Avalanche of new remote workers creates latest playground for hackers
Hackers have found their new playground amid the increased use of video conferencing during the coronavirus pandemic: Zoombombing!
Named for the company Zoom, the unfortunate first high-profile victim of this phenomena, zoombombing occurs when internet trolls hack video conference meetings and join as uninvited attendees. After infiltrating a meeting, the hackers then have their fun, doing everything from performing harmless pranks to posting sexually explicit content.
Ideas to keep your meetings private
You can protect yourself, your friends and your company while using popular video conferencing tools with these tips.
- Monitor meeting attendance. Designate an employee to monitor the attendees of your video conferencing meetings. By assigning a moderator (host), attendees can be removed or dismissed.
- Create a waiting room for new attendees. Most conferencing platforms have a feature called a waiting room. When this feature is enabled, each user who connects to your meeting is put in a queue. The meeting host then approves each person waiting in the queue for admission to the meeting.
- Turn off screen sharing for everyone but the meeting host. A favorite zoombomber prank is to hack into a meeting, share their screen and then draw something really funny or inappropriate. Consider only allowing the meeting host to share a screen and to give permissions to others who subsequently want to share a screen.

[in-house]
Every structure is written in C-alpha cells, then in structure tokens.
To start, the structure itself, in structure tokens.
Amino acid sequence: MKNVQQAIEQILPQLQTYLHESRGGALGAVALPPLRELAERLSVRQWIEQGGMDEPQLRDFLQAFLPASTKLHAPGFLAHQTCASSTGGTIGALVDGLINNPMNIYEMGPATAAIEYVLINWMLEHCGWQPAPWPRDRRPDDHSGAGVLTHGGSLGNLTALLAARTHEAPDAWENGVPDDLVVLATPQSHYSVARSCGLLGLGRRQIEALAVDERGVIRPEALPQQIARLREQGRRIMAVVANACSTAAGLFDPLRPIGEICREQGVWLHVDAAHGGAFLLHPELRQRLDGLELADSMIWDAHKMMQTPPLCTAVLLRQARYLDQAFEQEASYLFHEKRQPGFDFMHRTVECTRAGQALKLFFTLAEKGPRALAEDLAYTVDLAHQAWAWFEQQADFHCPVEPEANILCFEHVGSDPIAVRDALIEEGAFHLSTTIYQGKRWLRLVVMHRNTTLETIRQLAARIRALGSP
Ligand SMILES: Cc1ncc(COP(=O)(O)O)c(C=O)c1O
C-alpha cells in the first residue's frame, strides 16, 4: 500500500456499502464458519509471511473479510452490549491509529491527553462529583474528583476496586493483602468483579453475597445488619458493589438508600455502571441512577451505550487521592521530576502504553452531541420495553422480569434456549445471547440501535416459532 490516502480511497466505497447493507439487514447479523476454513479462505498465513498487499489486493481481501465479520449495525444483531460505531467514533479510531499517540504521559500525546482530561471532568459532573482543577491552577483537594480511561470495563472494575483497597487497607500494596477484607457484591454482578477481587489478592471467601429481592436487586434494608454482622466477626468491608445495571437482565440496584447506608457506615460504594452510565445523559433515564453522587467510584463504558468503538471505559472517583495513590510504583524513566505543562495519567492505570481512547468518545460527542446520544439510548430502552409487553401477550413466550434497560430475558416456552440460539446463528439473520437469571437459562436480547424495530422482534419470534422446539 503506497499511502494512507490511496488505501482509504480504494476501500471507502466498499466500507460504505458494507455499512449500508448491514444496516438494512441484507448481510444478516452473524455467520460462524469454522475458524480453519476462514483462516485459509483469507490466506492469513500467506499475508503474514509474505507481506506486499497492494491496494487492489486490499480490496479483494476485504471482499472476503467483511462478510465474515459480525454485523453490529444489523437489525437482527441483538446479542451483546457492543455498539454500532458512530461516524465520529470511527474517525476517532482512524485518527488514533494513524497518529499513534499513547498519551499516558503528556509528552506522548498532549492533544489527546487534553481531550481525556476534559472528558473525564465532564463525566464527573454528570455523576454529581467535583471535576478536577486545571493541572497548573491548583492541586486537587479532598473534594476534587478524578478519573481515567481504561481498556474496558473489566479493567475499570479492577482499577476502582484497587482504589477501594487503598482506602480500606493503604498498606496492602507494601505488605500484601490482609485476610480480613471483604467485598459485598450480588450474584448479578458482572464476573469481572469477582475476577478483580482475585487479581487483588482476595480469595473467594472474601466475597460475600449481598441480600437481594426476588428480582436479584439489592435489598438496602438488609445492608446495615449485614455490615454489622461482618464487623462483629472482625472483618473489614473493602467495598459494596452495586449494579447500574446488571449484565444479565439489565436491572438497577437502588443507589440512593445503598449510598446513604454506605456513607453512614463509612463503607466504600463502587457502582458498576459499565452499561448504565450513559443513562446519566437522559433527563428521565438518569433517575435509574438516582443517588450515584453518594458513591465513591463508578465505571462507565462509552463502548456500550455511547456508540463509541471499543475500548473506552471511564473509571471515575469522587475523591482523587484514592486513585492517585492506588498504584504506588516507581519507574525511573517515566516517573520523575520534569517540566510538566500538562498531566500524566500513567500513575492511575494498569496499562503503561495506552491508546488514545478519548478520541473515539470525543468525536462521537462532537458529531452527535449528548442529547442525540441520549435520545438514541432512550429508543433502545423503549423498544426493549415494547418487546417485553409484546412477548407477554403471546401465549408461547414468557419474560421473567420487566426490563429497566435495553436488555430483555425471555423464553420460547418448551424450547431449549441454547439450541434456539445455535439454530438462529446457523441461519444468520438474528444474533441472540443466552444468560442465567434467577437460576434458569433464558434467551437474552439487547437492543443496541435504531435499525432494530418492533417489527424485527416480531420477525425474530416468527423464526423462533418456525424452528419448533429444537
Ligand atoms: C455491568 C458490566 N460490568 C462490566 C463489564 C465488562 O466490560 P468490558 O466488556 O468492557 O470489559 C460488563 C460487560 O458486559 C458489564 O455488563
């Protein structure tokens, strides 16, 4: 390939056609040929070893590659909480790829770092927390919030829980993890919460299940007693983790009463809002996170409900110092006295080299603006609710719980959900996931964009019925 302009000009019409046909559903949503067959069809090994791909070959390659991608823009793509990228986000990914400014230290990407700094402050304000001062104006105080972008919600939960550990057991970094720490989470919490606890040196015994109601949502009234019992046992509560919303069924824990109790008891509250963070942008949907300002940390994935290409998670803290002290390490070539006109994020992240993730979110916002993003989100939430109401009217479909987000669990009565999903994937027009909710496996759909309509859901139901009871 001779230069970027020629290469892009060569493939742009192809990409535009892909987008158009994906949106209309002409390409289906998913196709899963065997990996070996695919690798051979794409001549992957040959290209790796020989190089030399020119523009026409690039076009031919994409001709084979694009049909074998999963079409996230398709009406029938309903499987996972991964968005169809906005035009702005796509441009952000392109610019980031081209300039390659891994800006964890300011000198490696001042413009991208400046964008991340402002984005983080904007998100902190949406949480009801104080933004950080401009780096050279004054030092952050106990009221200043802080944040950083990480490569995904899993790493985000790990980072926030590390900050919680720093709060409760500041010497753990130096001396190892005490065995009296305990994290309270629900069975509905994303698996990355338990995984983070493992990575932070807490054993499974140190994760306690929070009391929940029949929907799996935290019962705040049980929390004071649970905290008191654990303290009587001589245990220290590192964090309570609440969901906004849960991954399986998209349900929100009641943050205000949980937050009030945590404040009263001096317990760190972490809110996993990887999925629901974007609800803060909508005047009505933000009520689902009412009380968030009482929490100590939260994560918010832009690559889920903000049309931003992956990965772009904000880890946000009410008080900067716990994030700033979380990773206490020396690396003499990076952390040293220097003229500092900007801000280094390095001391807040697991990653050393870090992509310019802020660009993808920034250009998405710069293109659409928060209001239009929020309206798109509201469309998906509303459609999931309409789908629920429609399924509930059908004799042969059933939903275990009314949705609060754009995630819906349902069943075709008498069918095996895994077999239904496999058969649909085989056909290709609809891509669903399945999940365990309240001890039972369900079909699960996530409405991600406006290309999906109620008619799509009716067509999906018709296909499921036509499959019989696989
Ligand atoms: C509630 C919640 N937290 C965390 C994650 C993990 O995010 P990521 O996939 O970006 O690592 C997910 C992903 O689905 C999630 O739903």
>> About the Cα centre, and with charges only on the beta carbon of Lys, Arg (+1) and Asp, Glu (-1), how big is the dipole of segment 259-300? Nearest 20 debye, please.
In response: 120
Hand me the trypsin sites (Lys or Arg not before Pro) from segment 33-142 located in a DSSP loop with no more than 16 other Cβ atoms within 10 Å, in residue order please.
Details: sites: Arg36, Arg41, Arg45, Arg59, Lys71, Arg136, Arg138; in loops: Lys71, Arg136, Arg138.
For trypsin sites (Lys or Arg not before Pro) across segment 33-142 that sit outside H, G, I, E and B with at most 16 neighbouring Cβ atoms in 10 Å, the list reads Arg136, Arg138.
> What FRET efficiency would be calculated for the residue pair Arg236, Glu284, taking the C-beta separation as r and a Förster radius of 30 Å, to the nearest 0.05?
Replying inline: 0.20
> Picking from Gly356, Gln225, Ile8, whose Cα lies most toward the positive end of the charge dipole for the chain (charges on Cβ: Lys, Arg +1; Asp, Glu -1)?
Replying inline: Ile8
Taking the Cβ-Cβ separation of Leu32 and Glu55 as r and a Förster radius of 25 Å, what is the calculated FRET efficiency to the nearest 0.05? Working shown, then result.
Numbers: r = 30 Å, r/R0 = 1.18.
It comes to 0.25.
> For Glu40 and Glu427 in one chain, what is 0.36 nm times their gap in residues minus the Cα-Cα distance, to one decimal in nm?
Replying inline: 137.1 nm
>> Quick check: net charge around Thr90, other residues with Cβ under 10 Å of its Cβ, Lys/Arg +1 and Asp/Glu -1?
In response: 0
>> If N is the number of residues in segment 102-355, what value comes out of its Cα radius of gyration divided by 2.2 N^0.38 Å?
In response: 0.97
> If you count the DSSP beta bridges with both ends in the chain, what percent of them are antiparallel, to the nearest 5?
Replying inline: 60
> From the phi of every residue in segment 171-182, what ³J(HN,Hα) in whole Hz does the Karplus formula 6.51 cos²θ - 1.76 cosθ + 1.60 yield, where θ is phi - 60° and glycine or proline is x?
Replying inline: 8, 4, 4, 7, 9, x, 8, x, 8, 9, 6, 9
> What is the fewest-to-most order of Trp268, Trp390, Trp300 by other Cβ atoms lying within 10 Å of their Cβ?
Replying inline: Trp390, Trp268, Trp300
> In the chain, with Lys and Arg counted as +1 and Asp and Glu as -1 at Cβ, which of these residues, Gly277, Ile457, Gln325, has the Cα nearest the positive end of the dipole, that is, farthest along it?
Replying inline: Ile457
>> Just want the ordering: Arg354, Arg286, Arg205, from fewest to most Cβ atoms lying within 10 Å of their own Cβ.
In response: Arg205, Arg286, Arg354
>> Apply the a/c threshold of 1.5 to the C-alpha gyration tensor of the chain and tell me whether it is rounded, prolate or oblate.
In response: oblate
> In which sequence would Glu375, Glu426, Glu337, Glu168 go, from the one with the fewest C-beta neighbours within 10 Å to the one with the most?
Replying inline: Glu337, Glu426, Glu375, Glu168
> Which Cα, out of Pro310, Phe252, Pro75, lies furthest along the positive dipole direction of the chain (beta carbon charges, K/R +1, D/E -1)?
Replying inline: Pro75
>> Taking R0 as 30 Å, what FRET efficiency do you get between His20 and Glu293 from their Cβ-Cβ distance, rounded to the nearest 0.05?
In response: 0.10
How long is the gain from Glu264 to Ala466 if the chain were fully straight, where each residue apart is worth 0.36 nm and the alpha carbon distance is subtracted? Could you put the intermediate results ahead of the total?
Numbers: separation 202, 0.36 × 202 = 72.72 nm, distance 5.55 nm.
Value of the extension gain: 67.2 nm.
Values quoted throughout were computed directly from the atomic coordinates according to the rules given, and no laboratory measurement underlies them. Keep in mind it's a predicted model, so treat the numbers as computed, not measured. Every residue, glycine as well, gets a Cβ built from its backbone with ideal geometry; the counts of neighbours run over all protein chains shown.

- Password protect your meetings. As a meeting organizer, you can also choose to password-protect your meetings. Don’t forget to distribute the password to all attendees prior to the meeting.
- Carefully choose your video conferencing service. With many different companies offering video conferencing services, it can be difficult to find which company features the best security measures. Take the time to do your homework to find the platform that’s right for your business.